Image: Tragedies with gloss commentary. Juno's opening lines from "Hercules Furens". Naples, Biblioteca Nazionale, MS IV.D.40, fol. 76v. Later 14th century. (Image courtesy of Ron Musto.)
The Languages and Emotion cluster continues and extends conversations begun at the CHE Languages of Emotion collaboratories, the ‘Languages of Emotion: Concepts, Codes, Communities’ in 2012, ‘Languages of Emotion: Translations and Transformations’ in 2014 and the 'Naming Pain' workshop in 2015.
Some key themes that have been identified for further discussion include:
- emotions in translation;
- language, rhetoric, and performance;
- mapping the emotional worlds of multilinguals;
- historical emotional investment in individual languages and ‘epilanguages’;
- the conceptual history of emotions in psychiatric and medical discourse.
To get involved, please contact Yasmin Haskell at email@example.com.
Javier Enrique Diaz Vera (UCLM)
Professor John Hajek (Melbourne)
Professor John Kinder (UWA)
Professor Nicholas Evans (ANU)
Professor Sergio Starkstein (UWA)
Naama Cohen-Hanegbi (Tel Aviv)
Raphaële Garrod (Cambridge)
Anna Corrias (London)
Michael Champion (Australian Catholic University)
Jayne Knight (The University of Tasmania)
Michael Champion, Raphaële Garrod, Yasmin Haskell and Juanita Ruys, "But Were They Talking about Emotions? Affectus, affectio and the History of Emotions", commissioned article for special issue of Rivista Storica Italiana (forthcoming).
Kirk Essary, “Fiery Heart and Fiery Tongue: Emotion in Erasmus’ Ecclesiastes,” in Erasmus Studies 36:1 (2016), 5-35
Andrea Rizzi, “Violent Language in Early Fifteenth-century Italy: the Emotions of Invectives”, in Violence in Early Modern Europe, ed. by Susan Broomhall and Sarah Finn, Routledge.
Andrea Rizzi, Entry on “Languages of Humanism and Emotions”, in Emotions in Early Modern Europe: An Introduction, ed. Susan Broomhall (Routledge, forthcoming c. 2016).
Stephanie Trigg, “’Language in her Eye’: The Expressive Face of Criseyde/Cressida,” in Love History and Emotion in Chaucer and Shakespeare: Troilus and Criseyde and Troilus and Cressida, ed. Andrew James Johnston, Elisabeth Kempf, and Russell West-Pavlov (Manchester: Manchester University Press, 2016), 94-108
Stephanie Trigg, “Faces that Speak: A Little Emotion Machine in the Novels of Jane Austen,” in Spaces for Feeling: Emotions and Sociabilities in Britain, 1650-1850, ed. Susan Broomhall (London and New York: Routledge, 2015).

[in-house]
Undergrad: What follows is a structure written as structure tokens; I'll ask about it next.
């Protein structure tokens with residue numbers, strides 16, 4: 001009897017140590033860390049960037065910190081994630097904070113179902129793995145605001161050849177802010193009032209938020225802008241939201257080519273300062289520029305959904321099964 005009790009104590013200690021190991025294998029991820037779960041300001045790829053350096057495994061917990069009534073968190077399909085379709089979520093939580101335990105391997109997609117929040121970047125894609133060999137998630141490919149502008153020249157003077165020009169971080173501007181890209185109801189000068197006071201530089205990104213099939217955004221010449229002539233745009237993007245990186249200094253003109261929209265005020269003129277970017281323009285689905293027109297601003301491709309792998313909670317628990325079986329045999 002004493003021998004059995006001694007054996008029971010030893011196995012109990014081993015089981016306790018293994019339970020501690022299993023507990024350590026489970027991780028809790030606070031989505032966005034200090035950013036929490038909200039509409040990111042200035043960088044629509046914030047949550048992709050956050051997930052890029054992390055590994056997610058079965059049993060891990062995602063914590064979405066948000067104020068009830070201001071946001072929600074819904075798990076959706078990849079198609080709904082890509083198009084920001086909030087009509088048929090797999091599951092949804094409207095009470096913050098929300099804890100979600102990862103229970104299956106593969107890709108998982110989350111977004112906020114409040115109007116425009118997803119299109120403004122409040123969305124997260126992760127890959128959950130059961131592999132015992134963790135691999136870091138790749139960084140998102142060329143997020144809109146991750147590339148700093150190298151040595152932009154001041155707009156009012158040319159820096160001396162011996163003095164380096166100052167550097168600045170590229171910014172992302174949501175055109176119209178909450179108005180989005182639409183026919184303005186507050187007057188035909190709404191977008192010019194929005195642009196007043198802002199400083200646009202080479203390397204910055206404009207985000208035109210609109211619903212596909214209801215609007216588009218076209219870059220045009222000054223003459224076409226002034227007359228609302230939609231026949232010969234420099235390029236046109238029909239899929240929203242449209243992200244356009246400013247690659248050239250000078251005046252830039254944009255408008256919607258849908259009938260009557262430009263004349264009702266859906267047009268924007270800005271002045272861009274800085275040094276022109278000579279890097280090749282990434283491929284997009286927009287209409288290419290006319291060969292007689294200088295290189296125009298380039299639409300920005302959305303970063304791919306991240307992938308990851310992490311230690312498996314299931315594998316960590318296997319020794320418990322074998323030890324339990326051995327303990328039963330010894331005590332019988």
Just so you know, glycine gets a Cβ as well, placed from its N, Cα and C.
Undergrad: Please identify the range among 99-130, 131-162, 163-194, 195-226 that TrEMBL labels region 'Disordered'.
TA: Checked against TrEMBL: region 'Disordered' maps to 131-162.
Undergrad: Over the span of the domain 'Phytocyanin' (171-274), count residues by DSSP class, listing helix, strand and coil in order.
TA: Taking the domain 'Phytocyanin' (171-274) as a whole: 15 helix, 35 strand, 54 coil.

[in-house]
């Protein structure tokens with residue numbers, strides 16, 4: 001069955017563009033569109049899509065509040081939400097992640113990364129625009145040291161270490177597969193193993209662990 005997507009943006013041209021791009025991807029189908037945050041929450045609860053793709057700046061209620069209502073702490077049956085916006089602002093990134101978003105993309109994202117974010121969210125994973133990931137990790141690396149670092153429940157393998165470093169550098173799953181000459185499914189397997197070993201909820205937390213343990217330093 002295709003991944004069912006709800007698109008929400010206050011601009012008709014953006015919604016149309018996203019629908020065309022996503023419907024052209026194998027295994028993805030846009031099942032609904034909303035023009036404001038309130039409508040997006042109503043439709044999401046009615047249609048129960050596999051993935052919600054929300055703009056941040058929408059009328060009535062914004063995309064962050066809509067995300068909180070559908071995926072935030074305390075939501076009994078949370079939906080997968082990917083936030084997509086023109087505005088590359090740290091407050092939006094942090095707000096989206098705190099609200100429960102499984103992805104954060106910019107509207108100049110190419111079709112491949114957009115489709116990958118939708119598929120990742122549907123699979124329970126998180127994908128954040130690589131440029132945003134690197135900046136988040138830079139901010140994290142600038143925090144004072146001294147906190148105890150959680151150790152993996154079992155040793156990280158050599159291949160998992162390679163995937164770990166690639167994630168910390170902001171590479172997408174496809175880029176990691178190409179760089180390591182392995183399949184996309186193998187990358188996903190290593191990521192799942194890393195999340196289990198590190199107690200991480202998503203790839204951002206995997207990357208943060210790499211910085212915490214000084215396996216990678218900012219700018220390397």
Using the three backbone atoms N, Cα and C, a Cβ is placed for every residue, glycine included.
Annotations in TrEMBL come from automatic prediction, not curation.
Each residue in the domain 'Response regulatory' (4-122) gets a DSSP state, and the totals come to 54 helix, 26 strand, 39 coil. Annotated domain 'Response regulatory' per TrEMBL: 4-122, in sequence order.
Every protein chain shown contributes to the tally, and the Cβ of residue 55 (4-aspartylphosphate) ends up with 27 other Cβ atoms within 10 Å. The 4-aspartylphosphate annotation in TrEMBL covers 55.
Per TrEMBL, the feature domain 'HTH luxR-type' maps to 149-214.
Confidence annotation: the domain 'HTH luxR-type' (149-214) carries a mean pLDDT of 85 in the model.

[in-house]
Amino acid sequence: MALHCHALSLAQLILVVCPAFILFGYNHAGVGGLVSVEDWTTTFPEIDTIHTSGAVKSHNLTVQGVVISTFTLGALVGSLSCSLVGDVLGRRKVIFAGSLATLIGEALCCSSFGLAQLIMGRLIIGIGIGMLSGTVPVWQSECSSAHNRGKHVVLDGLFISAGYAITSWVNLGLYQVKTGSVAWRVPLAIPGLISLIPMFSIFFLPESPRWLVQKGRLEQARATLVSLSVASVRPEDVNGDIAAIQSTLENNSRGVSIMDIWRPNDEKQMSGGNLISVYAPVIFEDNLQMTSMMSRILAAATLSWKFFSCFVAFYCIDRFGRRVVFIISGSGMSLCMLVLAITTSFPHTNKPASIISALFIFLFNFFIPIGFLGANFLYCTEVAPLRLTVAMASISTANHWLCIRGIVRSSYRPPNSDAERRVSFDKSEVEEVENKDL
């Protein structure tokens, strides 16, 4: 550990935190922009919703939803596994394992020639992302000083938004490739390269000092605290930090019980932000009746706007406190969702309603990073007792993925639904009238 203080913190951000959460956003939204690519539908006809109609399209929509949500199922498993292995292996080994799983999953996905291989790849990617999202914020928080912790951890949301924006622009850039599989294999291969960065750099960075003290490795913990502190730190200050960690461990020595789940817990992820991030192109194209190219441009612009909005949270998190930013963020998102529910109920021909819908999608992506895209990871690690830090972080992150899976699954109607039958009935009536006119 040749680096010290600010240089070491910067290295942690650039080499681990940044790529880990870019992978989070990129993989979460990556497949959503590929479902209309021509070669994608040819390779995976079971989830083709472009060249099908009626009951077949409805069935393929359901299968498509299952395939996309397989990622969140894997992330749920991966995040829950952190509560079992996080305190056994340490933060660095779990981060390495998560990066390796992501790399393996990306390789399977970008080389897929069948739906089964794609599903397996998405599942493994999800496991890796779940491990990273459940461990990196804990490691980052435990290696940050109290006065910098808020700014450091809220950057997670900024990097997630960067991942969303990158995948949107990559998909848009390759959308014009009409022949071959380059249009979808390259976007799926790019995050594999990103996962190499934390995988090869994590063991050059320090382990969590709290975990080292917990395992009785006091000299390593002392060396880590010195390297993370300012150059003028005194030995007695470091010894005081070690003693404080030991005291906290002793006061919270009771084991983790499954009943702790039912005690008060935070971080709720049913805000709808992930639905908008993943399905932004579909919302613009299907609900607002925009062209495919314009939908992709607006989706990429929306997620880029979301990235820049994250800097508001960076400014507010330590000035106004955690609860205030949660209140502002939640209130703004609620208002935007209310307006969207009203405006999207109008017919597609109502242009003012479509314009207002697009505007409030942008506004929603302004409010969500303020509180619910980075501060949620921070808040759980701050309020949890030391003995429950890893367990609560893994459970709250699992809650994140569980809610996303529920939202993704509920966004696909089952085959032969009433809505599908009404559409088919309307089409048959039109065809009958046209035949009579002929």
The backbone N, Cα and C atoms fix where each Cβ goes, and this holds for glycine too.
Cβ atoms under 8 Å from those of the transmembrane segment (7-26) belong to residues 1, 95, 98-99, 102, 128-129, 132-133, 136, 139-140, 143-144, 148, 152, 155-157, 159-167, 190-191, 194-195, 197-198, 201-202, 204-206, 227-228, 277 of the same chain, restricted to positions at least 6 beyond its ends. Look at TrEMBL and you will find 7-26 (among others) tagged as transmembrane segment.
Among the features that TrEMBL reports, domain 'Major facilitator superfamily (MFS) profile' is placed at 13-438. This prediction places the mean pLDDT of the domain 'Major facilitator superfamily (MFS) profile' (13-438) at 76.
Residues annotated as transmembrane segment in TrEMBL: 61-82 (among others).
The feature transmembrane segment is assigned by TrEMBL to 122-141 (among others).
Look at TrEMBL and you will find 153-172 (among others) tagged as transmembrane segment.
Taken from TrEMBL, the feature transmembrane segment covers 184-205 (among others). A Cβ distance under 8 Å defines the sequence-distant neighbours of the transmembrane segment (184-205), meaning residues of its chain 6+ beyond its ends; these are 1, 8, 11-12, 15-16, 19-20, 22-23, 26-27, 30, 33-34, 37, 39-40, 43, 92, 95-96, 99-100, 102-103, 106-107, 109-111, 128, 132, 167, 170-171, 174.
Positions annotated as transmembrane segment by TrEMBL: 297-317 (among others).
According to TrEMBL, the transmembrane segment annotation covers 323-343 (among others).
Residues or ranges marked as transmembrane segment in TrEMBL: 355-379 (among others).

Work in Progress
Kirk Essary is working on a piece exploring the difficulty of distinguishing between “affectus” and “passio” in the sixteenth century by examining dictionaries, and in a few texts from Erasmus and Calvin.
Francesco de Toni gave a paper on epistolary language of emotion in the correspondence of nineteenth-century Benedictine missionary, Rosendo Salvado, at the CHE conference, “Emotions: Movement, Cultural Contact and Exchange, 1100-1800”, Freie Universität, Berlin, 30 June-2 July 2016. He is writing a paper on the lexicon and semantics of emotion words in Italian between the 18th and the 19th centuries, i.e. the centuries in which words such as emozione (emotion) and sentimento (feeling) become widespread in the Italian language.
Stephanie Trigg gave the biennial lecture at the New Chaucer Society congress in London in July, “Chaucer’s Face”, looking at the trope of the silently speaking face in Chaucer’s poetry. It will be published in Studies in the Age of Chaucer in 2017.
Andrea Rizzi gave a paper on "Renaissance translators and the language of emotions" at a two-day symposium, “Translators in History”, at the European University Institute (Fiesole).
Juanita Ruys, following on from her joint article with Michael Champion, Raphaële Garrod, and Yasmin Haskell, has begun commissioning chapters for a larger book on the history of the word "affectus" and its cognates in Latin and vernacular languages. Kirk Essary and Michael Champion will co-edit this with her.
Yasmin Haskell and Kirk Essary are working on a joint article, provisionally titled, "A genealogy of the mild and violent passions", tracing the path of this distinction from Hume back to classical antiquity.
Jayne Knight is writing a monograph on anger and politics in ancient Rome. This work involves an analysis of the political connotations of Latin emotion words such as ira, iracundia, odium, invidia, and indignatio.